Lucius Robinson and Alphonse Nicholson Perform Brilliantly in “Blood Knot” at The ArtsCenter

Triangle theater veterans Lucius Robinson (left) and J. Alphonse Nicholson star as brothers Morris and Zachariah in Athol Fugard's 1961 drama "Blood Knot," which will repeat March 19th and 20th
Triangle theater veterans Lucius Robinson (left) and J. Alphonse Nicholson star as brothers Morris and Zachariah in Athol Fugard's 1961 drama "Blood Knot," which will repeat March 19th and 20th

Triangle theater veterans Lucius Robinson (left) and J. Alphonse Nicholson star as brothers Morris and Zachariah in Athol Fugard's 1961 drama "Blood Knot," which will repeat March 19th and 20th
Triangle theater veterans Lucius Robinson (left) and J. Alphonse Nicholson star as brothers Morris and Zachariah in Athol Fugard's 1961 drama "Blood Knot," which will repeat March 19th and 20th

Are we our brother’s keeper? South African playwright Athol Fugard’s Blood Knot, performed as part of Acts of Witness, examines the Biblical question of sibling rivalry at its most brutal, then lights the torch under that combustible issue by adding race to the question. Fugard’s play about South African brothers (one Black, one light enough to pass for White) during the Apartheid, is one of two theatrical events shown concurrently at The ArtsCenter in Carrboro through March 20th. The two-actor play directed by Joseph Megel (director of the University of North Carolina at Chapel Hill Department of Communication Studies’ Process Series and co-director of the StreetSigns Center for Literature and Performance) remains one of Fugard’s most sought-after plays, written in 1961, performed on stages throughout the world, and known as a story that underlines the most brutal aspects of Apartheid.

Blood Knot’s premise reveals Fugard’s intention to be a dramatist who explores “the world of secrets with their powerful effect on human behavior and the trauma of their revelation.” Though he began working in the 1950s and wrote this play a decade into his career, Blood Knot was his first international success and broke barriers, yet he lost his passport as a result of its incendiary topic. Although the play’s theme centers on the difficulty of living within a divided country, the true nugget of the plot is the ways in which race can divide not only a country but also a family.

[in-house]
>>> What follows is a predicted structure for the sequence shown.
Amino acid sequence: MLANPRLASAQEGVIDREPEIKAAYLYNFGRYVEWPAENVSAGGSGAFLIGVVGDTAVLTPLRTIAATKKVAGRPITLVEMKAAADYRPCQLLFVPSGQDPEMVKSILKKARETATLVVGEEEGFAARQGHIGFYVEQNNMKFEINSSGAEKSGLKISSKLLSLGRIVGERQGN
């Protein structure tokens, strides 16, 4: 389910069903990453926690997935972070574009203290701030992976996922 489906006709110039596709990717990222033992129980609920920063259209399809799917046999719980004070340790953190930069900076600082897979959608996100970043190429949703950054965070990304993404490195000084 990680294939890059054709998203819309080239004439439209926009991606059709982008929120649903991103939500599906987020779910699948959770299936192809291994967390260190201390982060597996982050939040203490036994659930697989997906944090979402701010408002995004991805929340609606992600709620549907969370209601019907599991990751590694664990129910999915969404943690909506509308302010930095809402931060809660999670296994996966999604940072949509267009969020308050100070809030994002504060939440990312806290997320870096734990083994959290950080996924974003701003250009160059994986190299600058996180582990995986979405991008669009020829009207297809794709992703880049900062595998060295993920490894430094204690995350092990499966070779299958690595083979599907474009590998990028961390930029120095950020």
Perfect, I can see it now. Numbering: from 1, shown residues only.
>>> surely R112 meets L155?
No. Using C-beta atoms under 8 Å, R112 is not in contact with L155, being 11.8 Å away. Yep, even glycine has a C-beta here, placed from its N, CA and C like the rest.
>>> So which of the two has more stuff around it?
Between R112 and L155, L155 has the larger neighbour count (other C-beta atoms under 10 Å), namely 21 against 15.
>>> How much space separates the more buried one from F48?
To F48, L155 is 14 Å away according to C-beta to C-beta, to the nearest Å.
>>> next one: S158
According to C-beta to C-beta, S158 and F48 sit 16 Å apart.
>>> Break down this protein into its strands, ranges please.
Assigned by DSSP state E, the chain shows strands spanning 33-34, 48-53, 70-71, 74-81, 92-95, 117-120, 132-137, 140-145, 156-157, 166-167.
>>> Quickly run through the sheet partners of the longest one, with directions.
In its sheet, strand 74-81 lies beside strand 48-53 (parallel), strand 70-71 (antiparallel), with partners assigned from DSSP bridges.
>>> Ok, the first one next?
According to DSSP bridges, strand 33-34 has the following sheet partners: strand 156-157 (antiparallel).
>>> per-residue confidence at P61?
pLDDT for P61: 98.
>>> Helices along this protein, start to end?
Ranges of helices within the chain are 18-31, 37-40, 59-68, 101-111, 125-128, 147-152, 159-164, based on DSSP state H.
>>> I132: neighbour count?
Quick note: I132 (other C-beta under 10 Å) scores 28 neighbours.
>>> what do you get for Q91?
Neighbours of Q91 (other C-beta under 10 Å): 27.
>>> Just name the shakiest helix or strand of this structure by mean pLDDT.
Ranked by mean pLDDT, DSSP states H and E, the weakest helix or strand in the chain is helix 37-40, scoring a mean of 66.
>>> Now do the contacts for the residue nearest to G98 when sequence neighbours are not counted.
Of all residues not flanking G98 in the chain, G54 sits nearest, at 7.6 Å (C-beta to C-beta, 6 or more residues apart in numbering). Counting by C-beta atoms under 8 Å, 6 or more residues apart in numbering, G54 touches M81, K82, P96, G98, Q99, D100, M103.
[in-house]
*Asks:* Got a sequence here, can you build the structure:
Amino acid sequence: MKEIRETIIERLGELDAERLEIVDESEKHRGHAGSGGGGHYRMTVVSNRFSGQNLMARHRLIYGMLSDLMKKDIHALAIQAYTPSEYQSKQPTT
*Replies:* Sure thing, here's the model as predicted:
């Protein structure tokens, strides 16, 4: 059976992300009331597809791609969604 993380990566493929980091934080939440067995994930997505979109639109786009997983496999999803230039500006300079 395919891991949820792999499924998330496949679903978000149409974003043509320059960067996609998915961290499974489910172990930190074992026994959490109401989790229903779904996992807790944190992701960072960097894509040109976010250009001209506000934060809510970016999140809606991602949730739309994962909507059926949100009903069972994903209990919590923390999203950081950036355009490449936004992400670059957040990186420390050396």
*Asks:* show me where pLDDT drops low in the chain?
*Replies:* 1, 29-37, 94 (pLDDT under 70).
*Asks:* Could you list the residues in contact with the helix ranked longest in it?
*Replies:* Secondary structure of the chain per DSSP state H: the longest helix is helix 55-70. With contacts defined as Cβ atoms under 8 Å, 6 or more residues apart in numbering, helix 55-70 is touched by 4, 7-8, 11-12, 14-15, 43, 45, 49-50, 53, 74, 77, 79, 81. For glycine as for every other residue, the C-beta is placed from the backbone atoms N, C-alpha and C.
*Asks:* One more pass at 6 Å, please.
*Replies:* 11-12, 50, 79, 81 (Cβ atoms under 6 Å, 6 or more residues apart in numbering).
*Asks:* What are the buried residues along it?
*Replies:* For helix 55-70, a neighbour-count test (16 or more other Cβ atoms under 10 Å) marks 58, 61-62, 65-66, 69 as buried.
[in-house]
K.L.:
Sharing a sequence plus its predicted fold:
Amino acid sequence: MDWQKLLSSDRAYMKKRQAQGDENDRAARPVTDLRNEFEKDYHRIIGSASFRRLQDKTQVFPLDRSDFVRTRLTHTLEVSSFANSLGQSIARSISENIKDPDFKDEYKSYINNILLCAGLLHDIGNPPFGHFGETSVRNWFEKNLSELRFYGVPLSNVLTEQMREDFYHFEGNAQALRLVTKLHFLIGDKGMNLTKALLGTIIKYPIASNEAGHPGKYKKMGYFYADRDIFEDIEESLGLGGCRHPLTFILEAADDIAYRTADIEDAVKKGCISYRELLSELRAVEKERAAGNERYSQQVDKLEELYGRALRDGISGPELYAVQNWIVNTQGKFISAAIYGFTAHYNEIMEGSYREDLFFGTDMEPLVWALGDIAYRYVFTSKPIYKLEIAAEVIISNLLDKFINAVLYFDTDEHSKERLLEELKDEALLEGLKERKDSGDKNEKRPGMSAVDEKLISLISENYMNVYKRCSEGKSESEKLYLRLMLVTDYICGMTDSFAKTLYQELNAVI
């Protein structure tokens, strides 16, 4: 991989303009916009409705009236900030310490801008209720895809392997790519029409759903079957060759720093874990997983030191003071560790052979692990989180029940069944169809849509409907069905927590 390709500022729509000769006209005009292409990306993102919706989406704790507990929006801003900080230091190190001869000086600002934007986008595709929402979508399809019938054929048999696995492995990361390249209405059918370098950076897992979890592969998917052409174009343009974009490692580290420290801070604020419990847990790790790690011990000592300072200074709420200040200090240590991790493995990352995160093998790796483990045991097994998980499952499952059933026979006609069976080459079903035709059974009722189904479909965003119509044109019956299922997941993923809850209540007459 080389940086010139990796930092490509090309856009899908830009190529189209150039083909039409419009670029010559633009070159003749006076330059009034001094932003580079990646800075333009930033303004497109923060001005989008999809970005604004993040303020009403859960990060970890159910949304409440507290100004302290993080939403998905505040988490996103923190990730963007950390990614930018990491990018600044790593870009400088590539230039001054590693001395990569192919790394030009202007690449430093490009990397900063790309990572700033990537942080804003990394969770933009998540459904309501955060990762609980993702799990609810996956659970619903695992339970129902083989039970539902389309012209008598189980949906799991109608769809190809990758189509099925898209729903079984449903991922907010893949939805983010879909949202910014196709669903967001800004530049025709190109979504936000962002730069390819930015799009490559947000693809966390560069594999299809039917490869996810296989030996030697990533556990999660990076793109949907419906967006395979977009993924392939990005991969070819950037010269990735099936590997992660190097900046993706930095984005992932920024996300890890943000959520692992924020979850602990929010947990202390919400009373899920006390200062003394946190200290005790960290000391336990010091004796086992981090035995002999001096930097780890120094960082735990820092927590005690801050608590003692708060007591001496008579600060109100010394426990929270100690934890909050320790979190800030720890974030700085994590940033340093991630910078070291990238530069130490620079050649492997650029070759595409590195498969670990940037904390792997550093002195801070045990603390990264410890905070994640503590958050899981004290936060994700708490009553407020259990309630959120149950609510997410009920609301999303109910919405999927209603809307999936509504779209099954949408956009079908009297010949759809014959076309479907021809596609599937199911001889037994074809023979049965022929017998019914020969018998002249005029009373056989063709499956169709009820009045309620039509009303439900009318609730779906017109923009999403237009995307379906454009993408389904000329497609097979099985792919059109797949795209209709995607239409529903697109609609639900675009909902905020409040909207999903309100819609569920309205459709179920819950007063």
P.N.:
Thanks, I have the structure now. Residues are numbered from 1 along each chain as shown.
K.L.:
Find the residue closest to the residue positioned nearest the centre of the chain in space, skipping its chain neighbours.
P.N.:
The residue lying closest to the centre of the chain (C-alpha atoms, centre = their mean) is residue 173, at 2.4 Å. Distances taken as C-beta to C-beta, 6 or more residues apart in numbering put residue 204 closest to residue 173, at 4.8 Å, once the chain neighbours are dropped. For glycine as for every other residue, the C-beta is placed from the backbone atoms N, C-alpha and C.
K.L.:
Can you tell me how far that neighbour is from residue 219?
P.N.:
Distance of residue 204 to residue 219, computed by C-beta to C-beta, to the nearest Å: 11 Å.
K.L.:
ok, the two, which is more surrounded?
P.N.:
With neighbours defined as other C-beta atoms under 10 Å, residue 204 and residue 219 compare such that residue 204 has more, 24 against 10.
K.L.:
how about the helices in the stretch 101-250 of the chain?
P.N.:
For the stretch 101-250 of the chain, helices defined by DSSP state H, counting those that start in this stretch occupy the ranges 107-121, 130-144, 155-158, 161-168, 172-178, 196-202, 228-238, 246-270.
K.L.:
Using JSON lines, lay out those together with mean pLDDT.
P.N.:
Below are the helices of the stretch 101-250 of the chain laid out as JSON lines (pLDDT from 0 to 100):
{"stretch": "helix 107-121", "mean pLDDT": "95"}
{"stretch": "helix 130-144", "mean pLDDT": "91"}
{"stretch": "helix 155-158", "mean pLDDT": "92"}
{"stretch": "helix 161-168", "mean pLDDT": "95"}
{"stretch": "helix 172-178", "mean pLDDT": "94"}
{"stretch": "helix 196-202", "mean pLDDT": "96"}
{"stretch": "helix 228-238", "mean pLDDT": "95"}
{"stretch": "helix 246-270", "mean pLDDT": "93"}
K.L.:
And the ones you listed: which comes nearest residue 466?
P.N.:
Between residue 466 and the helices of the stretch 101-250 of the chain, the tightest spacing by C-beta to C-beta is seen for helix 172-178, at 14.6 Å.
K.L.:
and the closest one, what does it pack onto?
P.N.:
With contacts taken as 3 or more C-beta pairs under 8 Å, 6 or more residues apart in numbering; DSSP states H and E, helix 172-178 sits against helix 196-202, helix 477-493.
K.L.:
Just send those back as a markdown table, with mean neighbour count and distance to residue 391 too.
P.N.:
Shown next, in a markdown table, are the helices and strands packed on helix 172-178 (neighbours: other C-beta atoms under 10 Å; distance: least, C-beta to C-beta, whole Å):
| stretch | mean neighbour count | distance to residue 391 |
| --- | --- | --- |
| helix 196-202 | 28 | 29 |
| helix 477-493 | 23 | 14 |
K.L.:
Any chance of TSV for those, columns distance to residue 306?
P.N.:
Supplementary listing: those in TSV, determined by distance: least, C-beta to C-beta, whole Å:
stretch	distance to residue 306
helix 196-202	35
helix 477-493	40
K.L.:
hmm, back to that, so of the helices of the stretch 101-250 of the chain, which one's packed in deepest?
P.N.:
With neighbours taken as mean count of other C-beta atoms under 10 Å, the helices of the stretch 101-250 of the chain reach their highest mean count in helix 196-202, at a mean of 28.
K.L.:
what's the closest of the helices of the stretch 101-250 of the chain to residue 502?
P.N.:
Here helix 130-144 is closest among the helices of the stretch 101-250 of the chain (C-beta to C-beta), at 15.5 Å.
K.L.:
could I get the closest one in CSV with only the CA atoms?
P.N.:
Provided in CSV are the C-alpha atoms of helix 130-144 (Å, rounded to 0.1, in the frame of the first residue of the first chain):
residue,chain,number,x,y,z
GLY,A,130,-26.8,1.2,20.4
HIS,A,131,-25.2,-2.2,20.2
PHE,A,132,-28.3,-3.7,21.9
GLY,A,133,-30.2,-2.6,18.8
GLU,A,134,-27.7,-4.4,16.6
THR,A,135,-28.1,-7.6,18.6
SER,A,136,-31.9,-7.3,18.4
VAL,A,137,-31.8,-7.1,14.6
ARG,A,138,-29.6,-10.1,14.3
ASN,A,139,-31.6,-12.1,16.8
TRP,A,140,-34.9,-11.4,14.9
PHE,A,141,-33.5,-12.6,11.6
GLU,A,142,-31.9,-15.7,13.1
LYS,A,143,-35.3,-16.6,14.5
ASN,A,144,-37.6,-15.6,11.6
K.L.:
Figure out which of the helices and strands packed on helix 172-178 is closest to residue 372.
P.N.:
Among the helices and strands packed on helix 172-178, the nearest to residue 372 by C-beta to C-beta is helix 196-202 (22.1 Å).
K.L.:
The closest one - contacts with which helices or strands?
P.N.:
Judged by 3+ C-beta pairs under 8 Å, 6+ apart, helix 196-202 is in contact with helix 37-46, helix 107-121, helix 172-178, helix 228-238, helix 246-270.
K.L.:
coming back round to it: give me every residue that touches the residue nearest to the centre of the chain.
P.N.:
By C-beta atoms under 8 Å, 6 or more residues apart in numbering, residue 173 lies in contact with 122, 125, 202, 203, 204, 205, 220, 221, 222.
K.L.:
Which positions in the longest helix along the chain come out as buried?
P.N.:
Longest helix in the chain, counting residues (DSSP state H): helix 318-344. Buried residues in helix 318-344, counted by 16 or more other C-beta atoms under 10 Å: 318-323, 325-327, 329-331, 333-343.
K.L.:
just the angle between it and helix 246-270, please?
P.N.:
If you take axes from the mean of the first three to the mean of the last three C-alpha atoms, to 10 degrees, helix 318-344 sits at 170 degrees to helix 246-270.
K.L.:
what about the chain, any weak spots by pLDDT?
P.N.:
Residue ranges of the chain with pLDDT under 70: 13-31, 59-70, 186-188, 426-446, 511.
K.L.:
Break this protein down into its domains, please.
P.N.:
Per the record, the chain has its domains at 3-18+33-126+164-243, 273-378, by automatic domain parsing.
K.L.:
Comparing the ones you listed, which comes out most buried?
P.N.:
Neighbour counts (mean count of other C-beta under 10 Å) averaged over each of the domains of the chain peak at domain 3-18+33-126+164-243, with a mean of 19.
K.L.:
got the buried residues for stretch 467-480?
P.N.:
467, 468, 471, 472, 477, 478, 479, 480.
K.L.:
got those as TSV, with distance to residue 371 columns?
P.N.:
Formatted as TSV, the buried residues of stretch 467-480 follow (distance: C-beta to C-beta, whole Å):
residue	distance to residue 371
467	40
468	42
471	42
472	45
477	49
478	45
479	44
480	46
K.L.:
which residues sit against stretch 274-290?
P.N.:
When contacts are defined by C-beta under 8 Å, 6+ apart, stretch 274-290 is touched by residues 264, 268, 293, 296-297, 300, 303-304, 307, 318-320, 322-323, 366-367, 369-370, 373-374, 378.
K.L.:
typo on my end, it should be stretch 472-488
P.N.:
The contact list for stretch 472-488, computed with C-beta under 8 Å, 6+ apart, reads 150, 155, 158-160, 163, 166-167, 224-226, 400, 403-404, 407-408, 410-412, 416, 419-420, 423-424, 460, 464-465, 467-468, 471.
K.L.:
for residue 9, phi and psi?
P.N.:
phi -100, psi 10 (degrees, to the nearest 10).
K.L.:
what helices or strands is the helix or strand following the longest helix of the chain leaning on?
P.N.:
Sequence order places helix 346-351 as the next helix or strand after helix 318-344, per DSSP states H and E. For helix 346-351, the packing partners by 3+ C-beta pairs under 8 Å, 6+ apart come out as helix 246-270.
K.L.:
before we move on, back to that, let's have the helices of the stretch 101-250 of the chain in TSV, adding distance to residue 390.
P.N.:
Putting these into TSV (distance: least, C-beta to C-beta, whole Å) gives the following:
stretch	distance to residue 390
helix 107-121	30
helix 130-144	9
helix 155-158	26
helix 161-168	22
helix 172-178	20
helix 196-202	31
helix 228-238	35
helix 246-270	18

The play opens to a stage set as a spare shack with corrugated iron walls, wooden slabs covered in rough wool blankets for beds, wooden boxes used for seats, and only the most necessary household ingredients used for the men’s derisory existence. Morris (the light-skinned brother, played by Lucius Robinson) tends to household chores after an alarm clock awakens him, while his dark-skinned sibling, Zachariah (J. Alphonse Nicholson), works a thankless job. The brothers are linked by their mother, a woman Morris remembers fondly as having “brown hands and wearing a gray dress.” Each has a different father, a fact that causes Morris to leave the household for a while to explore his relationship with his own father and spend time passing for White. Morris returns to his Black brother, Zachariah, only after some event in his life has left him with no place to go. The ensuing relationship between the two men is both consuming and destructive.

It is clear in the opening moments of the play that Nicholson struggles with laryngitis, yet his raspy voice and the obvious difficulty he has in speaking only serves to deepen the metaphorical struggle his character has with the sibling relationship. When Nicholson as Zachariah stumbles onstage after a hard day’s work and sinks to his wooden bed to pull off the ill-fitting boots, his tired sigh is believable, and the audience commiserates with his complaints about his sore feet and the non-compassionate way with which his boss treats him throughout the workday.

Robinson as Morris immediately tends to his sibling, offering a bucket of hot water and gently washing Zachariah’s feet while the two share news about their day. During their ruminations, Zachariah remembers a friend he had and how that friend introduced him to women. It is clear that Zachariah misses that part of his life, so Morris suggests that Zachariah look to the personal ads in the newspaper for a pen pal. Morris’ dream, however, is for the two of them to buy some land to build a farm on that “empty space on the map.” To achieve that dream, Morris has been putting aside Zacharias’ meager wages in a tin can.

The banter between the brothers is understated and ponderous throughout the first half of the first act, though each of the actors completely embodies his character and reveals the frustration of eking out a shared living of poverty. The actors speak in different versions of South African dialect: Robinson’s Morris speaks with an English clip to his words, whereas Nicholson’s Zacharias has a South African roll to his language. The difference in their speech serves to highlight their physical differences, underlining the manner in which they act and within which they are treated.

The brothers argue good-naturedly, dream of a better life, share the news of their day, and dance around their unspoken feelings about race and each other. Until Zacharias returns home after work with a newspaper and Morris reads the ads written by three very different women, the play does not find purchase. But then Miss Ethel Lange, a “well-developed young woman,” becomes the target of Zacharias’ imagined affections, and the relationship between the brothers establishes a knife-sharp edge.